Community Policing

Law enforcement needs a method of recruitment which prioritizes finding members of local communities for training to become officers. The most important aspect of policing is community-based policing. Communities need to know and trust their officers, but its a two way street.  Officers also need to understand and have trust in their communities.  Knowing your local officers, having two way trust, and understanding the needs and concerns of residents is key to developing good law enforcement relations and safer outcomes for EVERYONE involved.  Growing up in a community changes the perspective a person has, and gives the community a sense relation with their law enforcement.  At the same time, over policing leads to over arresting, especially when coupled with policies such as “broken windows” confounding which communities actually need help and outside resources in dealing with problems of crime.  Many times the best way to reduce crime is not to "crack down" with strict law enforcement but to build community relationships, invest in new businesses and public resources, build better public transportation, bringing in new educational opportunities, and giving young people productive work that pays better than miscellaneous illegal jobs with tangible results the entire community can benefit from.

We All Know Its Racist, and They Have No Lawyers

Our current prison system is stifling the opportunity cost of our country and state by limiting the working population and squandering tax payers dollars. The prison population has become a burden on the rest of society, and profit sucking, minimum occupancy payment requiring, private prisons waste taxpayer dollars and lead to deteriorating conditions among inmates as prison managers look to cut costs at all steps along the process. As much as people do not want to help criminals, the vast majority will eventually return to the general population. They can return "criminals", as per our current near 90% prison recidivism rates, or they can be given education programs, job training, and be paid a non slave labor wage (which amounts to tax payers directly subsidizing the companies that profit off this labor, Walmart) so they will have the tools to build a life when they leave prison.  Dropping a person back into the world with potentially no money is just a terrible idea.  When people leave prison they need a place to live, food to eat, and transportation from prison.  On top of that, being a member of society is not free.  It costs real money to get many forms of government issued identification which is required to get a job in the United States.  In addition, we must tackle the current crisis facing public defenders, where many are so overworked that the people who need them are not given reasonable access as they are guaranteed under the constitution.  Through increased access to public education, better community programs, public works, and a refocus of law enforcement efforts, we can train more public defenders and lighten their case loads so everyone can be represented fairly in the judicial process.  We must do away with monetary bail systems which do nothing but discriminate against the poorest in our society who are already given limited access to, in all likelihood, one of those vastly overworked public defenders. Therefore condemning these people to jail while waiting potentially years for trial which is unconstitutional.  Which of course leads to the other big drain on public resources, civil lawsuits against law enforcement.  Time and time again it is revealed in the press that it is possible to identify these "bad apple" officers through their records and complaints.  Because the expression is "a few bad apples spoil the barrel," not just "a few bad apples." Law enforcement needs that investment to upgrade their training to focus on issues we face now, in the modern era, and begin a new system of electronic records keeping to increase transparency, trust, and public accountability.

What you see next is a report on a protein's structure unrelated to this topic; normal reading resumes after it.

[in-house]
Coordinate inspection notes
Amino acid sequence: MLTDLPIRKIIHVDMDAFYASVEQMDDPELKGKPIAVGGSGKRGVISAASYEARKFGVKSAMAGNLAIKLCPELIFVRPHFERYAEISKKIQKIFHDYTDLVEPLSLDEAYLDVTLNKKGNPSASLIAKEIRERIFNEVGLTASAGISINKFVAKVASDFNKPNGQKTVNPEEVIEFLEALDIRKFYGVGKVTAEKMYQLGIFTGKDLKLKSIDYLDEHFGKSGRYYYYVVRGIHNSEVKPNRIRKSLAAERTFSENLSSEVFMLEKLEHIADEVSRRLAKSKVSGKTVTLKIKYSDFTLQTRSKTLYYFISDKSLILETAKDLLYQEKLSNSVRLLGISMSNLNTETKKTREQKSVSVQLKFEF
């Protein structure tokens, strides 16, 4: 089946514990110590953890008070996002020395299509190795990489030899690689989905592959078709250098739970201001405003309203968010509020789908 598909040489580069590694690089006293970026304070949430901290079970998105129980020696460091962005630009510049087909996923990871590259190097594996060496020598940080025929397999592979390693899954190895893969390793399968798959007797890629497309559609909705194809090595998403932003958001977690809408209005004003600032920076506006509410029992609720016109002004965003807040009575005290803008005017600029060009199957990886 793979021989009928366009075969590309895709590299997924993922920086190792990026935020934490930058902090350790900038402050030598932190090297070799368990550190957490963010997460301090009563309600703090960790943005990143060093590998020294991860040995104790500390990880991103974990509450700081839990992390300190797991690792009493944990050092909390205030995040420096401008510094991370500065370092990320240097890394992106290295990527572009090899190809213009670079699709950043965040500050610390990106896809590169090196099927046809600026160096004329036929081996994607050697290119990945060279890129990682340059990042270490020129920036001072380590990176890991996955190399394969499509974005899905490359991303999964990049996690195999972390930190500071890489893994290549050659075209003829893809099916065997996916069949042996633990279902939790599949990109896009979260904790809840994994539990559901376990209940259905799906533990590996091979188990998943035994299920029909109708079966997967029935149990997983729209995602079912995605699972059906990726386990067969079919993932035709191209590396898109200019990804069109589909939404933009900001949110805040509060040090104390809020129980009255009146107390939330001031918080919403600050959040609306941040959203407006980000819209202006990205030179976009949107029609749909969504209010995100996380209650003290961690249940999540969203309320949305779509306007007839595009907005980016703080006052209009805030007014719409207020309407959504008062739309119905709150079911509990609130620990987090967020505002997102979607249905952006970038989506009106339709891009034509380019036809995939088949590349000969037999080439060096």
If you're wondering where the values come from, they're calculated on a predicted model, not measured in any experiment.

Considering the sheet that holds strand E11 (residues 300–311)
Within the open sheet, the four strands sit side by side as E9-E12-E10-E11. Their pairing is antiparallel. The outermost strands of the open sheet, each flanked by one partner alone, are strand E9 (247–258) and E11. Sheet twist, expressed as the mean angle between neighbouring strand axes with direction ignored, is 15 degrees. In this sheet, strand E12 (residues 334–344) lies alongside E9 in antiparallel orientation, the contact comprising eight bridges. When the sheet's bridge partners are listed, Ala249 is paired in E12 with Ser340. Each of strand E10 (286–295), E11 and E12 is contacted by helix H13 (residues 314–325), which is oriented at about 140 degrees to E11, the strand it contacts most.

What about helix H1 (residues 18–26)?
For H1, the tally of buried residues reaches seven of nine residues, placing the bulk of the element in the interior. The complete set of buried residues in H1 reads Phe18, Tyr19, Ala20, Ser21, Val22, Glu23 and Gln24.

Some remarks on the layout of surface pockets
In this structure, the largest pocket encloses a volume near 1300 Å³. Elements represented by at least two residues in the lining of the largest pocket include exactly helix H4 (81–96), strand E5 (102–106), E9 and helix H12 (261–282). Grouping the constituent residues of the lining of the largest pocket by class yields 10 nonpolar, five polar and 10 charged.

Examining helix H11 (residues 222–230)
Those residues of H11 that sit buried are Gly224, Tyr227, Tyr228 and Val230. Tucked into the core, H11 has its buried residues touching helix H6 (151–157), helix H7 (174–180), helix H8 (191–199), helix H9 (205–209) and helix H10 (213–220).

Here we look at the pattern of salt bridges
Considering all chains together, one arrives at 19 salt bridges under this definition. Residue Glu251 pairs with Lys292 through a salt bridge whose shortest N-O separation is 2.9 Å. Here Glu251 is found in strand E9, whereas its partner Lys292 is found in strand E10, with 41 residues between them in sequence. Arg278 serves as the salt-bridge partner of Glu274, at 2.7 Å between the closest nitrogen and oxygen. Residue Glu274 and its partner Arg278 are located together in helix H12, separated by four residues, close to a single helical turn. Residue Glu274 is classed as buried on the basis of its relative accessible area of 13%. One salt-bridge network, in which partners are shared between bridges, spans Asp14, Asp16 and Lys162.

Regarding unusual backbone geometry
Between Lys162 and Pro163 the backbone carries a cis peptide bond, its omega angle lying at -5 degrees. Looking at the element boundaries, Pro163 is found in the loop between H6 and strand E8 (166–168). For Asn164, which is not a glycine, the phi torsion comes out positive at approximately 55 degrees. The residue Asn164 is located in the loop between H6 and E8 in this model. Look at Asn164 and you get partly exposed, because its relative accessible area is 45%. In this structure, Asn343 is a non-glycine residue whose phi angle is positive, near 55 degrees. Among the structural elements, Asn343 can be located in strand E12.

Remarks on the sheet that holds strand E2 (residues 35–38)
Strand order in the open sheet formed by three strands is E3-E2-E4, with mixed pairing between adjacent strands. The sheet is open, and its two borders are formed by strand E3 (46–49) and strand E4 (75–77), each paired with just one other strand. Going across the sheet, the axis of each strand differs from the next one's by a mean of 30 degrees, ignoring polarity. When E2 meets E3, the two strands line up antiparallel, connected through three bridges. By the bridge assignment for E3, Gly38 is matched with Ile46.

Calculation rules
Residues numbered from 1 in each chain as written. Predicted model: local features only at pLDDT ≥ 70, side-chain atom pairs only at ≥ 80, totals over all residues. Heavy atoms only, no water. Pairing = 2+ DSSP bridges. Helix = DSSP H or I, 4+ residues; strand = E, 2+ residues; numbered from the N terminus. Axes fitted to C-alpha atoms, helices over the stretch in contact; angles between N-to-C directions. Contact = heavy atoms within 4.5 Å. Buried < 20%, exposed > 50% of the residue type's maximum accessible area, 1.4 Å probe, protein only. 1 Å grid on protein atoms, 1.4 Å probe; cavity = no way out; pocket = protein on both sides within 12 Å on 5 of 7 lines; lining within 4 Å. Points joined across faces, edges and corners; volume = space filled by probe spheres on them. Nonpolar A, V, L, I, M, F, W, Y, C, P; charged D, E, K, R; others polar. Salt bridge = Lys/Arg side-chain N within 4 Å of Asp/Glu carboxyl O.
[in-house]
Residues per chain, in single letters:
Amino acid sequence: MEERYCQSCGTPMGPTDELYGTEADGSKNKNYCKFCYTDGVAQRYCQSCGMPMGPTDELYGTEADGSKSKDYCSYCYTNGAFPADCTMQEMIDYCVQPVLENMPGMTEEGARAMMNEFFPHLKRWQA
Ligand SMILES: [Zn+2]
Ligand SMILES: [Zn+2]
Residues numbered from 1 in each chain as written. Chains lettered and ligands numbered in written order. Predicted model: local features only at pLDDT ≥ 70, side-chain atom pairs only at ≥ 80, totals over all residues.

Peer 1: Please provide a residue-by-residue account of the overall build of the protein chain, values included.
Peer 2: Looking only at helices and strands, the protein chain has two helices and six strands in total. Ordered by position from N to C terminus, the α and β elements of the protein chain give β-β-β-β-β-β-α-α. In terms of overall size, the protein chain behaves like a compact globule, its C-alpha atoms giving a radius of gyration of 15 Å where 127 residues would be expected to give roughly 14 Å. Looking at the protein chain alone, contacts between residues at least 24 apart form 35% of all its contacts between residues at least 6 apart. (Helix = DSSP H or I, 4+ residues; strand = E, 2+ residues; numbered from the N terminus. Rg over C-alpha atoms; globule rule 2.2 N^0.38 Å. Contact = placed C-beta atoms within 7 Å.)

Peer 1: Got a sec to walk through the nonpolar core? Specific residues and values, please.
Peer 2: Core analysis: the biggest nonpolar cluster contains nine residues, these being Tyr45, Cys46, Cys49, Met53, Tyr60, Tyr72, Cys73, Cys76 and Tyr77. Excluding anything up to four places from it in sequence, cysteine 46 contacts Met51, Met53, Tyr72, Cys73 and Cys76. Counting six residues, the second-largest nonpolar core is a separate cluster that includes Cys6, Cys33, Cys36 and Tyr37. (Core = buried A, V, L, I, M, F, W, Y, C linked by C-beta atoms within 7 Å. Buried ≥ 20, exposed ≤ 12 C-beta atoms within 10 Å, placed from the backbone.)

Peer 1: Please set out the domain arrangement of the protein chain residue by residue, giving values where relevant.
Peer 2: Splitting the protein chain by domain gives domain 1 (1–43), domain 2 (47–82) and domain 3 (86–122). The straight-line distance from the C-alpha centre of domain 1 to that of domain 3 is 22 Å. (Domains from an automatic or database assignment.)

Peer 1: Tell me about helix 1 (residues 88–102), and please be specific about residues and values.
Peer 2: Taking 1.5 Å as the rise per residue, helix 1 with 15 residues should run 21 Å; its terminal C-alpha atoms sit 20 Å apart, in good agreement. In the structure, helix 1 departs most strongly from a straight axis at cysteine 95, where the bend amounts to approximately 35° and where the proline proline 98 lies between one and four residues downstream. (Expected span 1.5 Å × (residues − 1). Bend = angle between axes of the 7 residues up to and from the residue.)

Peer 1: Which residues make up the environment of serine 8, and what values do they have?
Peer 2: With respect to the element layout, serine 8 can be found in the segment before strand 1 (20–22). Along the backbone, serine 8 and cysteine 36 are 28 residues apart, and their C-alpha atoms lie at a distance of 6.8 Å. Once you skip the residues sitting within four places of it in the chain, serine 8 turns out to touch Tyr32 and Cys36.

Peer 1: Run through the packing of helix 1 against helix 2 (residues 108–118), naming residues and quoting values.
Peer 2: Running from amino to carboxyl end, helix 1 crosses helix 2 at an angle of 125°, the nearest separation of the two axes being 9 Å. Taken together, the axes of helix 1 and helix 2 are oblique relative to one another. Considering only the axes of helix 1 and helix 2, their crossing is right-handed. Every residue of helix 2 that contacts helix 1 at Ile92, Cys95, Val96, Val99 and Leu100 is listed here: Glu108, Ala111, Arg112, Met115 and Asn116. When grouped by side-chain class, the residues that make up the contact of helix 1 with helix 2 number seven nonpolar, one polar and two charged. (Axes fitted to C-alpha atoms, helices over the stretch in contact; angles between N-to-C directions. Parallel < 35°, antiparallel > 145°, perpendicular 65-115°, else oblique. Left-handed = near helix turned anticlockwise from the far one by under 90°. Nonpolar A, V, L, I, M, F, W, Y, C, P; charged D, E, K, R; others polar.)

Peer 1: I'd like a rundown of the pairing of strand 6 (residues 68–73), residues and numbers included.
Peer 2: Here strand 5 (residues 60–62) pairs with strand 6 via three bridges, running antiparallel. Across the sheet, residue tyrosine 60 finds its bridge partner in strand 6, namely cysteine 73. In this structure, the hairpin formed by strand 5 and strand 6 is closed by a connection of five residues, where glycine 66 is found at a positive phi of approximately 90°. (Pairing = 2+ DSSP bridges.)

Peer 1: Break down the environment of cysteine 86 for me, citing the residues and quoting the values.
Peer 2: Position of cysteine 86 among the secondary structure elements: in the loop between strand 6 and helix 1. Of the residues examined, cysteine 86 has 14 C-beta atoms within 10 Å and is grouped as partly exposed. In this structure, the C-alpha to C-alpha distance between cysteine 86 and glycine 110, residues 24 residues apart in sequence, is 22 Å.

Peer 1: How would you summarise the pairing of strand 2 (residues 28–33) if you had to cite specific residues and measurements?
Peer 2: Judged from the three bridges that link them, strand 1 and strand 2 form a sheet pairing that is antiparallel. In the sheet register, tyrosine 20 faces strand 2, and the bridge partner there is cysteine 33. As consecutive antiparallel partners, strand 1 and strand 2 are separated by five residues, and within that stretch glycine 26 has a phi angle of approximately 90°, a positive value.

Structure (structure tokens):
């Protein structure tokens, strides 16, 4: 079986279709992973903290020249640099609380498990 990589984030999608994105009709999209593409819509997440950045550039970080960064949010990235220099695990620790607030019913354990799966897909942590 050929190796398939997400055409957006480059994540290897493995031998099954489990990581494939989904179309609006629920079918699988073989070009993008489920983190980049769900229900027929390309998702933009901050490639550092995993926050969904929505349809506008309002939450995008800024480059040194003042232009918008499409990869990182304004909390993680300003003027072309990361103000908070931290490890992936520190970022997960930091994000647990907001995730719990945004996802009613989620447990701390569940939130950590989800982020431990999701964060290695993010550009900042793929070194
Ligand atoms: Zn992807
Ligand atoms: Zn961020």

Why Not Try Something That Has Worked?